Last week newly elected Egyptian president Mursi proclaimed he had ultimate authority and his decisions would not be eligible for judicial review. Following a surge in protests the president backtracked somewhat, stating that his power would be only of temporary nature.
Al Arabiya: Egyptian President Mohammed Mursi reiterated on Sunday the “temporary nature” of his decrees, saying he wanted dialogue with political forces.
The presidency said Mursi needed to hold to account those responsible for crimes, corruption of “previous regime” and transitional period.
“This declaration is deemed necessary in order to hold accountable those responsible for the corruption as well as other crimes during the previous regime and the transitional period,” the presidency statement said.
But as those hopeful for democratic changes to this country have called for a nationwide strike, the Muslim Brotherhood spoke out encouraging others to stand with President Mursi. Activists once again are gathering in Tahrir Square, concerned that they have replaced one dictator with another. Secular protestors are concerned that the new Mursi administration enforce Sharia Law on Egyptian society.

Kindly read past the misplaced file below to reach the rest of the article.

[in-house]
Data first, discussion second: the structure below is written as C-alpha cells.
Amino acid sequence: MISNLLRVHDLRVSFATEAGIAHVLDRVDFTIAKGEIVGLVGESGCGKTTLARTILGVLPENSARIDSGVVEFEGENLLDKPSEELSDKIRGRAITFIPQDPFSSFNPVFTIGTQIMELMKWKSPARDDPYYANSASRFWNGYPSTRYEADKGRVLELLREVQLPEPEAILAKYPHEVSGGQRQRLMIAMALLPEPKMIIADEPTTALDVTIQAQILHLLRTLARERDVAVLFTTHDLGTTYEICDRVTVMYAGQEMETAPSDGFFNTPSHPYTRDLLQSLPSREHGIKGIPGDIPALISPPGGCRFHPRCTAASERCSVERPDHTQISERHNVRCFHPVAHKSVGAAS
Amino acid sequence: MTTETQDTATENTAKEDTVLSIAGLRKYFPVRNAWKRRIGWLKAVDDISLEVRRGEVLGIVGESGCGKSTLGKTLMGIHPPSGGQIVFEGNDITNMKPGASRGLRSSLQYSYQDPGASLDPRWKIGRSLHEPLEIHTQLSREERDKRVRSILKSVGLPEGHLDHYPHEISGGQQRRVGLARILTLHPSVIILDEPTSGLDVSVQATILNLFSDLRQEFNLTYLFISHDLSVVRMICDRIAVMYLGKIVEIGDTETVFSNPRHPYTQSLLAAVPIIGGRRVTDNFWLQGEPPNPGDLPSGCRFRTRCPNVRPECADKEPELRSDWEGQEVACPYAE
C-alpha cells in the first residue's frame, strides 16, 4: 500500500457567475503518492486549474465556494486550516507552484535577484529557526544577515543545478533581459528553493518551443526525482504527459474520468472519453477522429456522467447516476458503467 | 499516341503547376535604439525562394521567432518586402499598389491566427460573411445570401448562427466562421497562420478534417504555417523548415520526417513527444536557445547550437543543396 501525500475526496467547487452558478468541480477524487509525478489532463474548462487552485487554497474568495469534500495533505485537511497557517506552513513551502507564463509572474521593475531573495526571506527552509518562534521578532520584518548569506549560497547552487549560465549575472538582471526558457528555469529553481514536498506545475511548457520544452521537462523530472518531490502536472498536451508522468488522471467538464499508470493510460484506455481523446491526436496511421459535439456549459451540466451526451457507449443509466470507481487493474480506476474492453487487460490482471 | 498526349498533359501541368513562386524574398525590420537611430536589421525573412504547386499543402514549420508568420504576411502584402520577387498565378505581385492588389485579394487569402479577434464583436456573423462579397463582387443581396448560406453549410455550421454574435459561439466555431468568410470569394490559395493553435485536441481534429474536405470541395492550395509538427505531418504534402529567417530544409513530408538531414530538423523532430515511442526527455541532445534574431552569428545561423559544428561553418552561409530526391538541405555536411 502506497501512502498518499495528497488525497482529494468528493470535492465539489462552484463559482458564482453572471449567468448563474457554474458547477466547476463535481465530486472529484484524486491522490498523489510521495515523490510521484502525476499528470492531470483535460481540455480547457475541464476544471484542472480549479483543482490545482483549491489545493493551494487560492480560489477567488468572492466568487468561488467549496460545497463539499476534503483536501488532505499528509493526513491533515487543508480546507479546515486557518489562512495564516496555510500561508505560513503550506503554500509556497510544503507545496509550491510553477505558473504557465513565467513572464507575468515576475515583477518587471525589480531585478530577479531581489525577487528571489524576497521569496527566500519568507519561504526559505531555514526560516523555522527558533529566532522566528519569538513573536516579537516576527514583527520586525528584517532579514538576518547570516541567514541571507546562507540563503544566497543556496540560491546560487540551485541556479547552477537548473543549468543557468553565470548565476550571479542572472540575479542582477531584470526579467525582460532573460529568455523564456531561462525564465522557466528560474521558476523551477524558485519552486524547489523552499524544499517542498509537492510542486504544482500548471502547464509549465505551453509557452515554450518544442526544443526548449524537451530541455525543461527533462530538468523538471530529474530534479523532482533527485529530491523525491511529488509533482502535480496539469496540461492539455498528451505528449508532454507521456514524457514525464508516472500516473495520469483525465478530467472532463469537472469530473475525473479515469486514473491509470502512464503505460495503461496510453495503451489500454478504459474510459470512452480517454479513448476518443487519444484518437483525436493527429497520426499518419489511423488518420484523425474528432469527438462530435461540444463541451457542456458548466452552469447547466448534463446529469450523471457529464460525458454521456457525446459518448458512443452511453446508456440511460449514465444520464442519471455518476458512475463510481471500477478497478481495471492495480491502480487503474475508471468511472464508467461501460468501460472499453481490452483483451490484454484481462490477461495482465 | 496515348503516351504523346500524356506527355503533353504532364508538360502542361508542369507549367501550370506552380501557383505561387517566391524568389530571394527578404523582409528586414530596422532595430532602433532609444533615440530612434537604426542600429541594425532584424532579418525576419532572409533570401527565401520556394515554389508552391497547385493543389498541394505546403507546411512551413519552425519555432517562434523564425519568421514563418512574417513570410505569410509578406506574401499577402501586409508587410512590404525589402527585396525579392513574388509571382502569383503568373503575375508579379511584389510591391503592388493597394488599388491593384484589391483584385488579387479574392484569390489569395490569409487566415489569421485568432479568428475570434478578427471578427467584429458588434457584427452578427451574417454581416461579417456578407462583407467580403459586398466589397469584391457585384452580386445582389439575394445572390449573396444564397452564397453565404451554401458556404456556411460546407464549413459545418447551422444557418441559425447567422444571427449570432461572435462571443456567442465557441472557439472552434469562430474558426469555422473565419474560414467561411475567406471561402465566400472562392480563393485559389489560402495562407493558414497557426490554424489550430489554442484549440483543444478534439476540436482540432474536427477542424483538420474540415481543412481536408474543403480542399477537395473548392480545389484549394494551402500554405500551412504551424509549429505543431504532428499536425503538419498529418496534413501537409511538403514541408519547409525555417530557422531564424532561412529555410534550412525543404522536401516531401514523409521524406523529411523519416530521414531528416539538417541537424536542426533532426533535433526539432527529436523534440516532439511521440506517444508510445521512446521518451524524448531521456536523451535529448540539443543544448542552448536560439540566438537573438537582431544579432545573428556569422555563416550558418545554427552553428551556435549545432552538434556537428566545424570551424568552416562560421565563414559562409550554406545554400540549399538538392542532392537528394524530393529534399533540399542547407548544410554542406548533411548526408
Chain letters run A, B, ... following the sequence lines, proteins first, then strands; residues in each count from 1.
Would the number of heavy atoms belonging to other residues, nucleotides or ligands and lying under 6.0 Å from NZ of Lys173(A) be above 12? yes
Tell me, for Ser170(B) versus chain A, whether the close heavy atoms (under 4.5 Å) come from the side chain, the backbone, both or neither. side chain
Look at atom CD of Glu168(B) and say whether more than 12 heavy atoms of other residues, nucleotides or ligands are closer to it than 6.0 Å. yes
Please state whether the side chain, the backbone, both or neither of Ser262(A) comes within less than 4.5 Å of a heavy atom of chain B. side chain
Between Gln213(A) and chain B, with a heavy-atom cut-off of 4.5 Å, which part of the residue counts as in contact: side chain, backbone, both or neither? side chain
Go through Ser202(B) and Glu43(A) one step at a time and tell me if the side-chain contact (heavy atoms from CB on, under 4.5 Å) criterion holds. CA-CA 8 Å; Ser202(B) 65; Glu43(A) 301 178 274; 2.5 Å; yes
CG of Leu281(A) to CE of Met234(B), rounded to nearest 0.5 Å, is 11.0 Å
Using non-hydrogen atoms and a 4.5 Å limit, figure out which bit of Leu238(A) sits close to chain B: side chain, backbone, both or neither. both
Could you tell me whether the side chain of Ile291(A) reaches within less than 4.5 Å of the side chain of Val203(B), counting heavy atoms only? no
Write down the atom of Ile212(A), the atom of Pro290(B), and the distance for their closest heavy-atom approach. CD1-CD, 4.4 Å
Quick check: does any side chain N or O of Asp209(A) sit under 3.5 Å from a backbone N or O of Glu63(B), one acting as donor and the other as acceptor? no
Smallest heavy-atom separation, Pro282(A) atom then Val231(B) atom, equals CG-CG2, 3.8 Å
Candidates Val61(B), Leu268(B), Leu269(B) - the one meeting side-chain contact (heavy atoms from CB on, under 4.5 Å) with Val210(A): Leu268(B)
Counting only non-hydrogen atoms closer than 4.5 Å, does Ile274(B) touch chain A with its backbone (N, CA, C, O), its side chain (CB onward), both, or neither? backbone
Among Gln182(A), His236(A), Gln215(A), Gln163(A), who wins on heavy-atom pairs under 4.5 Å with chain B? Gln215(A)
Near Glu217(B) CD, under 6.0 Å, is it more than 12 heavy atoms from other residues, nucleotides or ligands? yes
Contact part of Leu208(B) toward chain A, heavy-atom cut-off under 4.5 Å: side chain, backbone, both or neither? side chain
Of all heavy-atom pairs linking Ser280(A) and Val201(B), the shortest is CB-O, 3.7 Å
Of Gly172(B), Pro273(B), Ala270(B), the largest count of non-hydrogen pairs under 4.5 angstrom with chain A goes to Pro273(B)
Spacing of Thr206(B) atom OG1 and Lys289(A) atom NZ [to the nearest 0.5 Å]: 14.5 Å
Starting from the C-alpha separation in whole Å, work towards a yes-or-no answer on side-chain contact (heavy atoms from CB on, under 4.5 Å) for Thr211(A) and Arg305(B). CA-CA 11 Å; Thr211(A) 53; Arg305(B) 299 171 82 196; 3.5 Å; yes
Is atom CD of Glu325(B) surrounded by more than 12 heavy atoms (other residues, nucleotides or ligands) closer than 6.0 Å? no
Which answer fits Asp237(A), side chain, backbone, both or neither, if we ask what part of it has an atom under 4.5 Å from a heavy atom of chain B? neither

Times of India: Speculation about the ulterior motives of the Islamists — and debate as to whether the Brotherhood is a truly moderate political force, or a wolf in sheep’s clothing that will reveal its true intolerant colours after monopolising power — are critical to the endless confrontations Egypt is witnessing. This underlying fear of Islamists and questions of whether they are genuinely democratic in a liberal sense pervade the entire Middle East. Egypt is the test case for the thesis that Islamism and democracy can coexist. Every move Morsi makes to override what he derides as a “minority” of obstructionists will be scrutinised warily by citizens and establishments in the region.
Is this decree of power a political road map to a second dictatorship? One has to wonder what the effects of such a personal power grab will be.